In Baden-Württemberg, tens of thousands of supporters have signed an online petition against the topic of sexual diversity in school lessons. They protest against the supposed re-education of the students. The social psychologist Ulrich Klocke investigated the effects of a similar curriculum at Berlin schools in 2012.
Mr. Klocke, how serious must one take the protest against the thematization of homosexuality in the classroom in Baden-Württemberg?
Protest should always be taken seriously because it conceals fears. Here it is obviously the fear that the sexual orientation of young people could be influenced by addressing the issue of sexual diversity in schools. The petition speaks of an LSBTTIQ (gay-lesbian) lifestyle, which suggests that it is a kind of lifestyle that one chooses like a living room set. However, it is concealed that sexual orientation is a relatively stable phenomenon and there is no evidence that it is influenced by seduction or conditioning.
The initiators of the petition speak of negative side effects of a gay-lesbian “lifestyle”.
They probably fear that non-heterosexual persons are portrayed too happily, which is why young people could then decide to become lesbian or gay. This is a completely absurd assumption that is in no way scientifically tenable.
Does the majority here feel threatened by the minority?
I do not believe that the majority is really against taking this issue into account at school. But that may be true of the petition’s initiators. The actual circumstances are completely hidden. The topic of homosexuality has played almost no role in school lessons so far. It is absurd to assume that the mere thematisation leads to a minority gaining power over the majority here.
How does such an aggressive defensive attitude come about in our supposedly enlightened society?
We must bear in mind that homosexual relations continued to be prosecuted until the late 1960s and that paragraph 175 was not finally deleted from the penal code until 1994. That some people, who were still socialized in a time of the criminalization of homosexuality, rebel against it, is not so amazing at all.
Is school a homophobic place?
Homophobia manifests itself above all in the behaviour, less in the attitudes of young people. Three quarters of young people are in favour of homosexual couples having the same rights as heterosexual couples. Faggots and lesbians, on the other hand, are extremely popular swearwords, especially among sixth-graders. Approximately half of the pupils of this age group are blasphemous when they think they are lesbian or gay.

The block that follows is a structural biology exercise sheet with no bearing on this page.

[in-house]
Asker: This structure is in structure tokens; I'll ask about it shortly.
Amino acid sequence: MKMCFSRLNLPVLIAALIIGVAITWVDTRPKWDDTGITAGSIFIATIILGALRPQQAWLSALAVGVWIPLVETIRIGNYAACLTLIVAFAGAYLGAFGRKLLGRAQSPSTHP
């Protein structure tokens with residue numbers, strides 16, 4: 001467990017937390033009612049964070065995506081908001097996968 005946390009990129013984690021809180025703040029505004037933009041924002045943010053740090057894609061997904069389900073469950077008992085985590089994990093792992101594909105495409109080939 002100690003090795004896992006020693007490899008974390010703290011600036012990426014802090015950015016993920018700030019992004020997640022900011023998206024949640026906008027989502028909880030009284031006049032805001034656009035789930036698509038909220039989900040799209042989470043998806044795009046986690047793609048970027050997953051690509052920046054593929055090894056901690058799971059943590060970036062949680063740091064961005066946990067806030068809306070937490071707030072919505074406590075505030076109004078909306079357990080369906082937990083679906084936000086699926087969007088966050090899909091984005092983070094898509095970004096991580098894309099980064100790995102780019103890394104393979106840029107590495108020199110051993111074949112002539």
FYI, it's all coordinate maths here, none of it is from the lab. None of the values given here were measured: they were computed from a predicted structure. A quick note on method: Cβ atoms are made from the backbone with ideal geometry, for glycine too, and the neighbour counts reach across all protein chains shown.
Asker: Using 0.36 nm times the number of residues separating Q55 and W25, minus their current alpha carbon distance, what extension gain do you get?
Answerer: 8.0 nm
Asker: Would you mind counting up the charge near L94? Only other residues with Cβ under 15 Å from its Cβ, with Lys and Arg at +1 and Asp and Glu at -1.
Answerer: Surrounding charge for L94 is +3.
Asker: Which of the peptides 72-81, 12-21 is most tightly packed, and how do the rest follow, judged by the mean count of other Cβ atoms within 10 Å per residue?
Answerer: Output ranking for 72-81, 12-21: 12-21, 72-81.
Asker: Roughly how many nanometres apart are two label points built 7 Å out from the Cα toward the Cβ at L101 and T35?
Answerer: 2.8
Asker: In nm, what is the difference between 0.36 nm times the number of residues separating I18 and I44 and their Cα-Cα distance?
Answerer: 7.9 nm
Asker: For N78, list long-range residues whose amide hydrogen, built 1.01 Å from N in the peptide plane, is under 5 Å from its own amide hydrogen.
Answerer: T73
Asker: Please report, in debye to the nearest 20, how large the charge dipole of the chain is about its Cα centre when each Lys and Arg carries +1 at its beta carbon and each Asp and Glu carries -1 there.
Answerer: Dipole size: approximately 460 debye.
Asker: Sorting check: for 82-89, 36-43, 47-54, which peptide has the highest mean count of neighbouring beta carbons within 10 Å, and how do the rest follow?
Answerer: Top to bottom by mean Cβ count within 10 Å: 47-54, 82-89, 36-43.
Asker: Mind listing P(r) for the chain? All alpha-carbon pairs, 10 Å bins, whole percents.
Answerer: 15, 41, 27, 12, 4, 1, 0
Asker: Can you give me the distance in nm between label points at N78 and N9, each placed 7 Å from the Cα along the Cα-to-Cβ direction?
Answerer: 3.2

With what consequences?
For non-heterosexual adolescents or those who are still unsure of their sexual orientation, this is a problem. These adolescents are more at risk than others, more often depressed and suicidal. The petition claims that there is no evidence that bullying and exclusion experiences promote these risks. That’s not true. There is a whole series of scientific studies that prove this.
How can the acceptance of sexual diversity be influenced among adolescents?
The more frequently sexual diversity is discussed by teachers, the more positive are the attitudes of young people. Knowing that bullying is outlawed at their school also has a positive influence on attitudes and behaviour. Teachers intervening against discrimination improves students’ attitudes to lesbians and gays, and the living example also leads to a more positive attitude. If the young people have teachers, friends or relatives who are open about being lesbian or gay, this has a positive influence on their attitudes and behaviour.
In which age group is it even possible to exert influence?
Suitable teaching materials are available for all age groups, for example on the website of the Berlin Senate Department for Education. Teachers can also borrow a media kit containing material for schools.
How well or badly prepared are the teachers for this task?
Our research has shown that teachers rarely work with such teaching materials. And there are obviously only a few teachers who intervene every time homophobic abuse occurs. From this it can be concluded that there is still some qualification needed. Corresponding measures are now in place in Berlin. And there are efforts to integrate these topics into teacher training.
Do migrant youth from Turkey or the former Soviet Union in Berlin have a more negative attitude towards lesbians and gays than others?
I would advise not to differentiate this discussion according to ethnic or cultural groups. This leads to defensive reflexes among the groups mentioned and to the opinion among teachers that the problem is limited to a few groups, which is not the case. In our Berlin study we found more negative attitudes among young people with a Turkish or Arabic migration background, but no differences in behaviour.